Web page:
FCC authorizes aggressive blocking of spoofed and invalid numbers.
Phone companies are now authorized to be more aggressive in blocking robocalls before they reach customers’ landlines or mobile phones, but you might have to pay for the new blocking capabilities.
The Federal Communications Commission yesterday issued an order to “expressly authorize voice service providers to block robocalls that appear to be from telephone numbers that do not or cannot make outgoing calls, without running afoul of the FCC’s call completion rules.”
Carriers will thus have greater ability to block calls in which the Caller ID has been spoofed or in which the number is invalid. Caller ID spoofing hides the caller’s true identity and is one of the biggest sources of illegal robocalls.
“Fraudsters bombard consumers’ phones at all hours of the day with spoofed robocalls, which in some cases lure consumers into scams or lead to identity theft,” the FCC said.
Blocking invalid numbers
The new authorization from the FCC applies to voice service providers including mobile phone carriers, traditional landline phone companies like AT&T and Verizon, and VoIP carriers such as cable companies.
Carriers will be “allowed to block calls purporting to be from invalid numbers, like those with area codes that don’t exist, from numbers that have not been assigned to a provider, and from numbers allocated to a provider but not currently in use,” the FCC said.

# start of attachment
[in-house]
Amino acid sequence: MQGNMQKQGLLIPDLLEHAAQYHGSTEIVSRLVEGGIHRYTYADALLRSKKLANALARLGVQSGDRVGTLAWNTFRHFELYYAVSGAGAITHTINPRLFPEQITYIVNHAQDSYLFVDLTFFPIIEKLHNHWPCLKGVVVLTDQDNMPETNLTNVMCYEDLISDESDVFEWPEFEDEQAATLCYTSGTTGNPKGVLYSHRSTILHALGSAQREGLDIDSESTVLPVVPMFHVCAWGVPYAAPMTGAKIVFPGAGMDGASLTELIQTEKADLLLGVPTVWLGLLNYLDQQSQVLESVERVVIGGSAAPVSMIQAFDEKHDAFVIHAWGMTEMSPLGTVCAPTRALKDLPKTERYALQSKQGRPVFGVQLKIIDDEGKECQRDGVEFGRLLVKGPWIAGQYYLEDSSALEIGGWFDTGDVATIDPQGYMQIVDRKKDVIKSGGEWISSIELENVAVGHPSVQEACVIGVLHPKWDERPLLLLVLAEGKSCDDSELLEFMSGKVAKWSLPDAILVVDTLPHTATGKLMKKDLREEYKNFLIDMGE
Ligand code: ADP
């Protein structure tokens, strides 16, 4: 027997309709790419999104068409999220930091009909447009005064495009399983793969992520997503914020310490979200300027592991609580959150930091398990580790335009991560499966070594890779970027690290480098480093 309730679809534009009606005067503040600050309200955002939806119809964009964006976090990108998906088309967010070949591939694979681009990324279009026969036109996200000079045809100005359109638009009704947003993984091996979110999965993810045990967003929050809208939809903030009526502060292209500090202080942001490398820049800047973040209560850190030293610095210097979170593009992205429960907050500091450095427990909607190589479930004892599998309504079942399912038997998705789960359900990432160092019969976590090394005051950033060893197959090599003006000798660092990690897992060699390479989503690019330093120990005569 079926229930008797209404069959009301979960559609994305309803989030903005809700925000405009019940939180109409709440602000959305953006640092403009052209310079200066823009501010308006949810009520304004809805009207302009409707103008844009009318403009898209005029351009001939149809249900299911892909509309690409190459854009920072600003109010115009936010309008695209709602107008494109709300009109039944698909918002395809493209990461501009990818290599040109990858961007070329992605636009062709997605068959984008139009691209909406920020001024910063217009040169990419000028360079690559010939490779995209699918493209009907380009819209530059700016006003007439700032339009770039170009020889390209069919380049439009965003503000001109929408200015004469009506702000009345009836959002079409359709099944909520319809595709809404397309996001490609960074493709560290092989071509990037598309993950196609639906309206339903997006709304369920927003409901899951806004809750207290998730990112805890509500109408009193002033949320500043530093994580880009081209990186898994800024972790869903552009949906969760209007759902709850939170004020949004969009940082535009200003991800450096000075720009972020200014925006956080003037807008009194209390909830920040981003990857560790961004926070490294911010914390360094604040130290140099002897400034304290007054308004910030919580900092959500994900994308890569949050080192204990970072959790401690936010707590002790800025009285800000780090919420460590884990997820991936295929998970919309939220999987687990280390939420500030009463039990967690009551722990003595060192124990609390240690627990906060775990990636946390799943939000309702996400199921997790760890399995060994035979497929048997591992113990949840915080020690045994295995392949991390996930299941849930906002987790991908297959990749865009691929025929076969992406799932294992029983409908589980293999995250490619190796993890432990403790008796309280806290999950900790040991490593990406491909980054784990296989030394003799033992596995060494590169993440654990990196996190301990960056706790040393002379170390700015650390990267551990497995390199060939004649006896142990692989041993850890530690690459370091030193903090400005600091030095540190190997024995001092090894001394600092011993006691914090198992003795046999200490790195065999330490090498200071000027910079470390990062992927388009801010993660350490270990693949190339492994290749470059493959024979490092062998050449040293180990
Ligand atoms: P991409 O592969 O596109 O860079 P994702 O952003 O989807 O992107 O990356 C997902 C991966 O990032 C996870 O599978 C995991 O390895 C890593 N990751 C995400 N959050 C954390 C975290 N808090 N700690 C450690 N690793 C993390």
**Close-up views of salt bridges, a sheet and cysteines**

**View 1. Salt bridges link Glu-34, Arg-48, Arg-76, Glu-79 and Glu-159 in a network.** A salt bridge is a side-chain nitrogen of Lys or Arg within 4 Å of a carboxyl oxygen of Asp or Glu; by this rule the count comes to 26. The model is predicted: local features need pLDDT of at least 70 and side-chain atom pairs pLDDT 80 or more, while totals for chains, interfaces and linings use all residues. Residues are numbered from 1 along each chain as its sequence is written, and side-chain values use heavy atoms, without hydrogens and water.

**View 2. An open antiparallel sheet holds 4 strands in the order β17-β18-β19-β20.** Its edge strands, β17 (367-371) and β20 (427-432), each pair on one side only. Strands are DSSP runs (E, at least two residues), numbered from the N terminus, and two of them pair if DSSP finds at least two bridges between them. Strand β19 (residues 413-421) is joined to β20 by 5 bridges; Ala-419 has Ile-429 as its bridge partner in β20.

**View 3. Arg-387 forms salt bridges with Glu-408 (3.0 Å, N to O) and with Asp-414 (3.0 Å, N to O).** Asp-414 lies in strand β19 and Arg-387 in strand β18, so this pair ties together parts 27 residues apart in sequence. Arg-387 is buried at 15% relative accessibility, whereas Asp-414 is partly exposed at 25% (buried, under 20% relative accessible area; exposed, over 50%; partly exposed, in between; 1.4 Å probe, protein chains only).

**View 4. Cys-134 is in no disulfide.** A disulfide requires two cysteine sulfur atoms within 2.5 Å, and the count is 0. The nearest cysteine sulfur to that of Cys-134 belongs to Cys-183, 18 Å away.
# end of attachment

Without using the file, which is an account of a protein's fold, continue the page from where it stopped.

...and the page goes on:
Carriers will also be able to block calls from phone numbers that appear to come from numbers placed on a “do-not-originate” list by the number’s subscriber. For example, the Internal Revenue Service might place numbers that it doesn’t use for outbound calls on a do-not-originate list to prevent them from being spoofed by scammers who claim to work on behalf of the IRS.
New blocking tools might not be free
All five FCC commissioners voted in favor of the rule changes, but Democratic Commissioner Jessica Rosenworcel dissented in part because the FCC will allow carriers to charge for the new robocall-blocking capabilities.
While the agency offers carriers the ability to limit calls from what are likely to be fraudulent actors, it fails to prevent them from charging consumers for this service. So this is the kicker: the FCC takes action to ostensibly reduce robocalls but then makes sure you can pay for the privilege. If you ask me, that’s ridiculous.
Charges for more aggressive robocall blocking could vary by carrier. For example, Verizon launched a new robocall blocking service in late June, but the company charges $3 a month for the service while carriers such as AT&T and T-Mobile offer similar services for no extra charge. There are also third-party call-blocking services that consumers can pay for.
Last year, then-FCC Chairman Tom Wheeler urged carriers to offer free call-blocking services.
Aggressive robocall blocking carries the risk of blocking legitimate calls. The FCC is thus seeking public comment “on a process for legitimate companies to resolve call blocking disputes,” Commissioner Michael O’Rielly said. Subscribers whose numbers have been blocked without their consent should be given a simple method to challenge a block and get it lifted quickly, the FCC said.
US consumers receive about 2.5 billion robocalls a month. Not all of them are illegal, but many are made by scammers intending to get money from victims.
FCC Chairman Ajit Pai assured carriers that yesterday’s order is not adding new requirements. Carriers will be allowed to block more robocalls, but they won’t be forced to.
“It is important to stress that today’s action is deregulatory in nature. We aren’t piling more rules upon industry,” Pai said. “Instead, we’re providing relief from FCC rules that are having the perverse effect of facilitating unlawful and unwanted robocalls.” Generally speaking, phone companies have an obligation to deliver every phone call, but the FCC is making exceptions in order to let carriers step up blocking of obviously fraudulent calls.